AZT-stimulated recombination: support for a template-switch model of RpnA-stimulated recombination.

One model for recombination involves polymerase template switching, in which a 3′ end is freed from one homolog, anneals to the other homolog, and is extended by DNA polymerase. At the proximal crossover, such an event would connect the donor's antibiotic resistance cassette to the recipient replication origin. A similar event distal to the donor antibiotic resistance marker would complete the substitution. RpnA could be contributing to these switching events through genomic disruptions that lead to polymerase dissociation or by the creation of free 3′ ends that dissociated polymerase can act on.

The effect of azidothymidine (AZT) on the conjugal system is compatible with this model. AZT is a chain-terminating thymidine analog that causes DNA polymerase to dissociate from the genome and reveals ssDNA gaps to which the polymerase primer can anneal (54). This activity increases the frequency of template-switch-generated mutations in E. coli, which are conceptually similar to the template-switching events proposed by our model (28). Switching provoked by AZT would therefore be expected to increase the frequency of RecA-independent recombination and, if it is frequent enough, could reduce the overall size of genomic exchanges. Both AZT treatment and RpnA expression increased the recombination frequency (Fig. 2 and and4)4) and reduced the size of genomic exchange (Fig. 5). In this respect, the model is supported.

Searching for a true target site: site specificity of gene location for an rpnA paralog.

Although RpnA degrades DNA with low activity and little to no specificity with the limited sequence universe tested in vitro, YhgA-like proteins might target specific DNA sites in vivo, as do homing endonucleases (35). Unlike insertion sequence (IS) elements, the genes for members of the RpnA family do not often move within laboratory lineages, making it problematic to identify sites of action. However, genome mining can suggest possibilities. Bioinformatic analysis of the rpnC (yadD) gene distribution suggests two independent insertions into the same genomic locus among the Enterobacteriaceae (Fig. S4). Acquisition could involve either the autonomous action of the enzyme to move its own gene or an action to import a copy from a distant relative by stimulating localized recombination or mutagenesis. The variable C-terminal tail of YhgA-like proteins (Fig. 1) might determine different DNA sequence preferences, resulting in different insertion positions for the different paralogs. Variable domains often function in sequence recognition (55, 56). Our own experimentation has shown for RpnD that truncation of the tail reduces but does not eliminate the recombination efficiency and cell toxicity in vivo (Fig. S3).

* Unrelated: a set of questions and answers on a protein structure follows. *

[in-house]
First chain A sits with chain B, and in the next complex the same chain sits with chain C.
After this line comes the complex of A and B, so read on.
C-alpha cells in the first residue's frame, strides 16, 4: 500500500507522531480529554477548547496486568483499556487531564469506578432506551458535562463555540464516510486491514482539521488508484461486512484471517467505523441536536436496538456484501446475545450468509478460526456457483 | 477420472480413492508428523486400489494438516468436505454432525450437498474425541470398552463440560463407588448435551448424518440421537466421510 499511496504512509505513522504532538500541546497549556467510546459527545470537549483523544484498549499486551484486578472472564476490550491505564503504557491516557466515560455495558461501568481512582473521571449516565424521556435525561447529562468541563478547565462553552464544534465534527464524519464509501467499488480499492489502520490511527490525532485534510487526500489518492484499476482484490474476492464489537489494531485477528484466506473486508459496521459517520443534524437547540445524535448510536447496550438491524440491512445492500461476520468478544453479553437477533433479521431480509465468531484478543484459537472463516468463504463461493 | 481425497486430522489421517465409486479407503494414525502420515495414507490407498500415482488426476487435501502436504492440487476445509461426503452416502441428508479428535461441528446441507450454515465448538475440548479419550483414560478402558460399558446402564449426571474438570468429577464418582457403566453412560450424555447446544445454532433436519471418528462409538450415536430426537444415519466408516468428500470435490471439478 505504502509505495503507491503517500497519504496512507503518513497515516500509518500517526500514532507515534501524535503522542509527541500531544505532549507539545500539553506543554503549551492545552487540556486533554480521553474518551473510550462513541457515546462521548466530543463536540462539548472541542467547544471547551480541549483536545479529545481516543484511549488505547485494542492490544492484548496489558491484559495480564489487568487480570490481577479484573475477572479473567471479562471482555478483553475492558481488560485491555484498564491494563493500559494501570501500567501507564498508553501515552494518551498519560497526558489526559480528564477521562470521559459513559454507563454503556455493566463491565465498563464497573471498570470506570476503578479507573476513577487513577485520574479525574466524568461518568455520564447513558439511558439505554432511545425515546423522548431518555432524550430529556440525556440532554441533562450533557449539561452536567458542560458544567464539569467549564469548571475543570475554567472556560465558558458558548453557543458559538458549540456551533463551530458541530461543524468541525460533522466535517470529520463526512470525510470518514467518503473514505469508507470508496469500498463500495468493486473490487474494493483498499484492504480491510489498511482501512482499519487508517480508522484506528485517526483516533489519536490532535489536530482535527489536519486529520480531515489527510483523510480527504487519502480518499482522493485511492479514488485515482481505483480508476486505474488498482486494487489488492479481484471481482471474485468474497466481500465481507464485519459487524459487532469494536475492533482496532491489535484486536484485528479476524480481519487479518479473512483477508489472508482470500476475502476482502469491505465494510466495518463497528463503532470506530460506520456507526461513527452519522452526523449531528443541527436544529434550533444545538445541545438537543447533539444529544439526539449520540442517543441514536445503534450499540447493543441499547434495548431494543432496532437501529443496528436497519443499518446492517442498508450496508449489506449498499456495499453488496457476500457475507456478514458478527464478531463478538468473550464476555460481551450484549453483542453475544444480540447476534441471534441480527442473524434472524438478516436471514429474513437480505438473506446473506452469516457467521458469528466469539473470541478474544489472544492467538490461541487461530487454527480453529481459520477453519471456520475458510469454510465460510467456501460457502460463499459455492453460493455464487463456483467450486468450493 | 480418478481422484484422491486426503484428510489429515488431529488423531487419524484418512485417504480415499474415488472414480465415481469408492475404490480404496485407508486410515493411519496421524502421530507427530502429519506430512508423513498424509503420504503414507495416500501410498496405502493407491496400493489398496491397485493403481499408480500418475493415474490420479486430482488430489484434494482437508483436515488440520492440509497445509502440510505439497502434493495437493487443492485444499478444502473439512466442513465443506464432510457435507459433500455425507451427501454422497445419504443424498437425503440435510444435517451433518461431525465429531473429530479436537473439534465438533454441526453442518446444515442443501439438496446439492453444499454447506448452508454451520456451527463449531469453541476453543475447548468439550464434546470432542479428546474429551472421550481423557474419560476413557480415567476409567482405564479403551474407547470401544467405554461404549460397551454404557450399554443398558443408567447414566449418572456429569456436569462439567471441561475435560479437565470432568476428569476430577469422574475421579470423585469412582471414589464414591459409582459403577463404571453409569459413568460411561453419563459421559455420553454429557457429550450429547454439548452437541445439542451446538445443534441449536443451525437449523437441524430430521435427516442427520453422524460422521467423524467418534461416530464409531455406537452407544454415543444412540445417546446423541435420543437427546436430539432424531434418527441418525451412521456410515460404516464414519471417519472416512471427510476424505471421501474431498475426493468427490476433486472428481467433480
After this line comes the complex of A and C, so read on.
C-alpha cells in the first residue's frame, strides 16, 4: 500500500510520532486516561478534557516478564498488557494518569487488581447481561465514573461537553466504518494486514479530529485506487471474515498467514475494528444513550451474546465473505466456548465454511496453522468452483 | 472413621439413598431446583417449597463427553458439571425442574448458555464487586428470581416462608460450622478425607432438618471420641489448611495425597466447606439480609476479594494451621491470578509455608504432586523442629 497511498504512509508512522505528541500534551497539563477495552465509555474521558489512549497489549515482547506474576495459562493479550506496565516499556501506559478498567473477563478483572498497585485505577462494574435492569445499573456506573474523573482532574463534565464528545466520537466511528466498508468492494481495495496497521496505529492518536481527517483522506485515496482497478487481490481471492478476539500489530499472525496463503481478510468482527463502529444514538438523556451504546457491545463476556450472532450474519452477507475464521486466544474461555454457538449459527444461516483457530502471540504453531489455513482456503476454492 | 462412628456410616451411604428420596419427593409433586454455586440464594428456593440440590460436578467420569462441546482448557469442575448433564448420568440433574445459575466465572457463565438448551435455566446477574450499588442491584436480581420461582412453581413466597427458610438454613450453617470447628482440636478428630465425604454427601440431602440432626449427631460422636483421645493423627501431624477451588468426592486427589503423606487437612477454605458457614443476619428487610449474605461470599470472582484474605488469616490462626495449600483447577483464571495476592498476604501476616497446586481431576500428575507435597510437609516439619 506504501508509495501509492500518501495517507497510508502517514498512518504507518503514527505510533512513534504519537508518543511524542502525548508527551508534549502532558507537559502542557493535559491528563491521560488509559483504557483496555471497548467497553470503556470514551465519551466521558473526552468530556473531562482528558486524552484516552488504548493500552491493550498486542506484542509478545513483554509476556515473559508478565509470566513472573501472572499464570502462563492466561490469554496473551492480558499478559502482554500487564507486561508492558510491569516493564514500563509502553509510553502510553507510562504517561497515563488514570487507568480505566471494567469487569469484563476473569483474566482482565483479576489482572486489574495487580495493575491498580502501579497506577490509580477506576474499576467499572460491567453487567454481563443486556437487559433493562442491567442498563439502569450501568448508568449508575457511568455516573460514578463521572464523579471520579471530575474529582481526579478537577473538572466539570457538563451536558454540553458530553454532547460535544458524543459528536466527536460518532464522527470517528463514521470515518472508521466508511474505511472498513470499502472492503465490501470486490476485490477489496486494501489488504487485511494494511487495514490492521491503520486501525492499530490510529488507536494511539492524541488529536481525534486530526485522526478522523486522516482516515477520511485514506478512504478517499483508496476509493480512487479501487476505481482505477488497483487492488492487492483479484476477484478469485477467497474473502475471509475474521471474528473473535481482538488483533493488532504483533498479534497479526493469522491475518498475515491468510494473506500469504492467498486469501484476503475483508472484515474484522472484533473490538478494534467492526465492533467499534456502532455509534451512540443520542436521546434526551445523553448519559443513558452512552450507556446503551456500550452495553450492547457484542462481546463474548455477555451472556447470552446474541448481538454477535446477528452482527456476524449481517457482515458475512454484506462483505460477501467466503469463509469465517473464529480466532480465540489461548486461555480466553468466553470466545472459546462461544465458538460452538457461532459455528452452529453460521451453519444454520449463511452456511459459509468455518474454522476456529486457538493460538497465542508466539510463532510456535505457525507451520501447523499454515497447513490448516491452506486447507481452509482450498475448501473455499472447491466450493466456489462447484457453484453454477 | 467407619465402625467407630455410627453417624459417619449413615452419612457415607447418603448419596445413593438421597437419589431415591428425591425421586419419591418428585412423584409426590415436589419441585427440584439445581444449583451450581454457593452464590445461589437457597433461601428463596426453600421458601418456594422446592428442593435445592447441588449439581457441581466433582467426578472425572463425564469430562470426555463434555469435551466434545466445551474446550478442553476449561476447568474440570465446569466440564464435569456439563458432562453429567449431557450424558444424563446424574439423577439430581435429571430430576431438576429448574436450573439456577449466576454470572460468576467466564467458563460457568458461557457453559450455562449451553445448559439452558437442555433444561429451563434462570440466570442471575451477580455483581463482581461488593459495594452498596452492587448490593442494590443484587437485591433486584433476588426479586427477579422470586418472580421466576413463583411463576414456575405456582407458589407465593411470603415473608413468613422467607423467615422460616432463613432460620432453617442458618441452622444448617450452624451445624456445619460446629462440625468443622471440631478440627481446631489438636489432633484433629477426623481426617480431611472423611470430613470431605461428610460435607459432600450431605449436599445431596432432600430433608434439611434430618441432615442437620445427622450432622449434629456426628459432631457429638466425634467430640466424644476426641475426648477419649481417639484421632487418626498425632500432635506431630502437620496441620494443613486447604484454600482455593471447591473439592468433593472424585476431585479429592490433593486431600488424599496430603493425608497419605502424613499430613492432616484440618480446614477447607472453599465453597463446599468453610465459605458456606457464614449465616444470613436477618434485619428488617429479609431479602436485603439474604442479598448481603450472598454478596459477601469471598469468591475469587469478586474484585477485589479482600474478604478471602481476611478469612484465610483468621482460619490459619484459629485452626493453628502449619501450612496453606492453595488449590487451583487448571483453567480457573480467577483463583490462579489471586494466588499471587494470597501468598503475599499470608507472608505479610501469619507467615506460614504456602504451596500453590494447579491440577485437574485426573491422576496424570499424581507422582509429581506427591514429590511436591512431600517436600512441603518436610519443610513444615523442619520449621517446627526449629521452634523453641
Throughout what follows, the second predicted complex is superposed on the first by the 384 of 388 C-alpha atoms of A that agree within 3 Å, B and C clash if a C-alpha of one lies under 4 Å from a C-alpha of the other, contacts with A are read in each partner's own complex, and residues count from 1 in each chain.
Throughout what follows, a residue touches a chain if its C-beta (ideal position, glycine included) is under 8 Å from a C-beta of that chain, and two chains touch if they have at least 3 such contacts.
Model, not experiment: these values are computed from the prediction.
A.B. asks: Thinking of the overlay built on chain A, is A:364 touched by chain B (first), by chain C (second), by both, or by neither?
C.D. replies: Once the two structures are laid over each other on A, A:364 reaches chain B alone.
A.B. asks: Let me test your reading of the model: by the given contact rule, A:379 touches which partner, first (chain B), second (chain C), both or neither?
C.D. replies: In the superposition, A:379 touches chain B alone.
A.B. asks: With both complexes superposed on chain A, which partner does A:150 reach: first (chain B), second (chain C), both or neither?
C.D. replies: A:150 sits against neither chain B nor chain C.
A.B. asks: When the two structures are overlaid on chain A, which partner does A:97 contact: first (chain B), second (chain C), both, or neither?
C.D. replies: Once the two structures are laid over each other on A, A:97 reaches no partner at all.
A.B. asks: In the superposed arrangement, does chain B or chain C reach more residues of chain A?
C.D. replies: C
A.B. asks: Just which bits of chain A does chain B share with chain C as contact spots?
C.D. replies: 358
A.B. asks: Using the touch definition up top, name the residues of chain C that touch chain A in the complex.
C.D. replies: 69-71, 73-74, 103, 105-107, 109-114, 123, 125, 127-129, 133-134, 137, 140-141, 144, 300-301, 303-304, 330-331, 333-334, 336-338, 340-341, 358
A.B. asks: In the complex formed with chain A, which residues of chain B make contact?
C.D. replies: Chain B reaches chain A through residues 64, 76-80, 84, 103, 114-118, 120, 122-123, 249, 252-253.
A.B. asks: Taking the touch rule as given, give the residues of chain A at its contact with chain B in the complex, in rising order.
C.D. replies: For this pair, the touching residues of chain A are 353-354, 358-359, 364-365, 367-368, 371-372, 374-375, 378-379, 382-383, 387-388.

Assignment of function to the uncharacterized PF04754 protein family.

The results of our genetic and biochemical studies support the assignment of a nuclease function to this family, broadly validating the predicted motif. The low activity and lack of sequence specificity among the tested paralogs are consistent with the possibility that these enzymes are eroded versions of ancient mobile elements. Limited reinvestigation of the phylogeny of rpnC (yadD) in its gene neighborhood is compatible with independent insertion at the same position on two occasions, leaving open the possible sequence specificity of the primary action, followed by the loss of activity due to the absence of selection.

The properties reported here could then represent secondary phenotypes, similar to the off-target effects of a homing endonuclease (35, 57) or transposase (e.g., see reference 58). Given the ubiquity of the family, such off-target effects may be relevant to genome island assembly, generating substrates for microhomology-mediated sequence assembly.